Why the driver and front passenger need so many screens is beyond me, but they're there and can be useful, I suppose. The Hyperscreen is standard in the EQS53 AMG, but a $38,000 option in the EQS450+.

Then there's the EQS's ambient lighting. Yes, I'm a sucker for mood lighting in general, but I have to say, the mood lighting in here is dazzling. It can make the interior feel like a club on wheels.

Mercedes' official name for it is Active Ambient Lighting, because it does other things, too, such as welcoming you with a 'running' motion or warning you of a collision risk by flashing red.

Power overwhelming

Set everything to Sport+ and you're in for a pulse-racing experience and a stiff ride
The heart of the EQS53's excessiveness is its electric drivetrain. It has a pair of electric motors - one on each axle - fed by a humungous 107.8kWh battery.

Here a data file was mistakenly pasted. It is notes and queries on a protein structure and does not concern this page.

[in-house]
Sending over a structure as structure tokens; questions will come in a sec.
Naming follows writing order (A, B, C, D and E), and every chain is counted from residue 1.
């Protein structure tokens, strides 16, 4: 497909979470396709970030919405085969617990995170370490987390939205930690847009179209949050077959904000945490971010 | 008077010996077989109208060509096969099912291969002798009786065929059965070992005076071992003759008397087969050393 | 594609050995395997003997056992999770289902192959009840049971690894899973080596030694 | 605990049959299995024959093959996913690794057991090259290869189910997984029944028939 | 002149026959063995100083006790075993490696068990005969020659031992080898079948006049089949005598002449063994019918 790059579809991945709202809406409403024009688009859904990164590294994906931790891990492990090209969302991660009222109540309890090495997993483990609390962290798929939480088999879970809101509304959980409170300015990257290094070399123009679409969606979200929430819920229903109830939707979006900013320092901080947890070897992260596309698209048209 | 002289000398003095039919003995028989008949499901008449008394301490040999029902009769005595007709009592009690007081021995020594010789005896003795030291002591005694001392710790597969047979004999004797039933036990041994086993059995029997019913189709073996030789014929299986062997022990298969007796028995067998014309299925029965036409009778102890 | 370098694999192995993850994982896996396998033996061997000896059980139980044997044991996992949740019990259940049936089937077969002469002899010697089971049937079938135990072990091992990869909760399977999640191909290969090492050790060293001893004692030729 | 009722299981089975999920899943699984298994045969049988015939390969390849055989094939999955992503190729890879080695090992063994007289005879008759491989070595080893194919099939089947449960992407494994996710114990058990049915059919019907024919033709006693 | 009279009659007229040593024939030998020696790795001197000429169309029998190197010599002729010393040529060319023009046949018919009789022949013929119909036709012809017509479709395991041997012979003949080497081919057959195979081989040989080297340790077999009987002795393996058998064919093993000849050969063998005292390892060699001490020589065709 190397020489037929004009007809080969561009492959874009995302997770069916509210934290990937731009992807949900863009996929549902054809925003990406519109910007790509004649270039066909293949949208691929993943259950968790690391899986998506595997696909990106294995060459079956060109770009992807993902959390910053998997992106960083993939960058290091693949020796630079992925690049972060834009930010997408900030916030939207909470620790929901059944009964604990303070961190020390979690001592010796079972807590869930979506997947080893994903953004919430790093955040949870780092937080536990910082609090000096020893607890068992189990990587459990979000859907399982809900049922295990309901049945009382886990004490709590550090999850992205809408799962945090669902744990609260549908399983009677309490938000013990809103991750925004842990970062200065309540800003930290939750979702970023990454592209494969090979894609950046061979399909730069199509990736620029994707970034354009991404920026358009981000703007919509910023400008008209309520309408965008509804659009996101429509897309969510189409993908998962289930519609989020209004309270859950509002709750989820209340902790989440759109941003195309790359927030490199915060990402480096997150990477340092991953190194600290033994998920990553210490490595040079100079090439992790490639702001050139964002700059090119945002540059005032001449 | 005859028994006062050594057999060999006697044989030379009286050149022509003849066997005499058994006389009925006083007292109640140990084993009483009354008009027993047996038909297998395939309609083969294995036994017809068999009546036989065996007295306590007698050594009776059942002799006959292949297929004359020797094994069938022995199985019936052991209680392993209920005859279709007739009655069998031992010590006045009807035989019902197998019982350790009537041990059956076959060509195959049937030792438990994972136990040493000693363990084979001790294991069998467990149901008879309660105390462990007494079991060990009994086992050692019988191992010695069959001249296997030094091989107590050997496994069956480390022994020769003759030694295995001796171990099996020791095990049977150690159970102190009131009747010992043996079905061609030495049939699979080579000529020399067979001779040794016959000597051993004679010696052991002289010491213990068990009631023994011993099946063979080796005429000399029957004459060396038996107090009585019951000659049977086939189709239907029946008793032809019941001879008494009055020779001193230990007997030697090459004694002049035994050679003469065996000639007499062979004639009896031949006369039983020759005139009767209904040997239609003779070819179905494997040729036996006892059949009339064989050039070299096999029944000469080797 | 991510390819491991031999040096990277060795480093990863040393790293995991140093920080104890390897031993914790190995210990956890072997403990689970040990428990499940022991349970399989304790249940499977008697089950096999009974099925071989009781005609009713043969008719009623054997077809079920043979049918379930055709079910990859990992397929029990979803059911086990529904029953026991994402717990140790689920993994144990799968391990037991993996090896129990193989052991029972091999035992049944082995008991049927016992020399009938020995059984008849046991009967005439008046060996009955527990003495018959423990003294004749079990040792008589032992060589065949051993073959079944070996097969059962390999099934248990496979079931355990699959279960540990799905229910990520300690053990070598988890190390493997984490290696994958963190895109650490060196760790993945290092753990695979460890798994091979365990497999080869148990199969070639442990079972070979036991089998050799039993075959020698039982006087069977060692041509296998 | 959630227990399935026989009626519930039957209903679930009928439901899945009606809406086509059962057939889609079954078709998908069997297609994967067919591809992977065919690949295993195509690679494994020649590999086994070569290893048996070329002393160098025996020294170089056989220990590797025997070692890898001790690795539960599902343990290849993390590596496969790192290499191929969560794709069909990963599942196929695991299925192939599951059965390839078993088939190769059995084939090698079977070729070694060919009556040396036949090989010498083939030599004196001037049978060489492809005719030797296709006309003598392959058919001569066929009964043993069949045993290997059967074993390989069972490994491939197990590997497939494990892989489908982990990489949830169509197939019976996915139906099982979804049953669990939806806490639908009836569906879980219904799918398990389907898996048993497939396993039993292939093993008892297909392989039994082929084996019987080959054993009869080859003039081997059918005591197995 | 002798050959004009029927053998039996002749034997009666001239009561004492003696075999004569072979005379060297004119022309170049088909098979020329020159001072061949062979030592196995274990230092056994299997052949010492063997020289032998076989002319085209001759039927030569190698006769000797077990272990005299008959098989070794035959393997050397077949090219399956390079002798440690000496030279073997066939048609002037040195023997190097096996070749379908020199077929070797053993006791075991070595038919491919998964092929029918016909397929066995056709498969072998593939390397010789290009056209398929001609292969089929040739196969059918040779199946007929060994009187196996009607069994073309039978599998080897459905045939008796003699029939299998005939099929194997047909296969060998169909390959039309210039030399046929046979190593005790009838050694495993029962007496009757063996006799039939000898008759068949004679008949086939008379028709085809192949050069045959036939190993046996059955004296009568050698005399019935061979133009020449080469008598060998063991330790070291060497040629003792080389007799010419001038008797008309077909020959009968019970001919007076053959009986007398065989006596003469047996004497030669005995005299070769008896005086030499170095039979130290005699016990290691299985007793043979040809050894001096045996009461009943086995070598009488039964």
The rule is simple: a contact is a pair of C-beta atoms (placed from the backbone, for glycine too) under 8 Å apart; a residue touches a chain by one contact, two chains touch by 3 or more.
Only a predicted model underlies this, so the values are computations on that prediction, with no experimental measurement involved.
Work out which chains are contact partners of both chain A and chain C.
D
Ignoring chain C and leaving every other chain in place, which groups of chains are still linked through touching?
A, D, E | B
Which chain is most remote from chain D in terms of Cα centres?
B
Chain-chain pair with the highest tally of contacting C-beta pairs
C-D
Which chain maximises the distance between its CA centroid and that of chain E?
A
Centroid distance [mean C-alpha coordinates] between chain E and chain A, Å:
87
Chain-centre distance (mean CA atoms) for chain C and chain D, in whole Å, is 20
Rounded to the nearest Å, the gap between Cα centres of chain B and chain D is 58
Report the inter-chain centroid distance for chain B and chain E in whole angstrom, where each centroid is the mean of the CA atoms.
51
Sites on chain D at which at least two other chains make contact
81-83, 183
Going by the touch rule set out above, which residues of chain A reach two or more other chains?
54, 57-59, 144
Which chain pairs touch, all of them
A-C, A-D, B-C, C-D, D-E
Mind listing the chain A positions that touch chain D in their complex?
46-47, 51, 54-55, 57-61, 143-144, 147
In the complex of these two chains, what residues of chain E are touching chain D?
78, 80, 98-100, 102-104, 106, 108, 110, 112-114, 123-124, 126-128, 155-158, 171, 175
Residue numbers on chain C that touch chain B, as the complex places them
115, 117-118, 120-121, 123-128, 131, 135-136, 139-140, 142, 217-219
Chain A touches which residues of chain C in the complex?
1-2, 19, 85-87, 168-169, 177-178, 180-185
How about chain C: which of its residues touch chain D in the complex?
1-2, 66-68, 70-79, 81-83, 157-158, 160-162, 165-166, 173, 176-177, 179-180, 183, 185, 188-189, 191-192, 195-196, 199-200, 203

The EQS450+ has the same battery, but only a single electric motor on the rear axle.

The EQS53's two motors churn out 649bhp and 950Nm by default. In Boost mode, which is activated when the Race Start function is used, these figures rise to 751bhp and 1,020Nm. That is stupendous.

These are eye-opening and grin-inducing. But one must also admit that nobody actually needs such output for driving on public roads.

The EQS53 AMG is a luxurious electric rocket for harried executives with piles of money to burn
What's really astounding, though is how these figures enable the EQS53, which now weighs over 2.7 tonnes with myself on board, to sprint, no rocket, from rest to 100km/h in 3.8 seconds. It's 3.4 seconds if Race Start is used.

Hard to believe? Yes, it's a surreal feeling when it happens. Brace yourself before you set the drivetrain to its most dynamic mode and slam your foot down on the accelerator.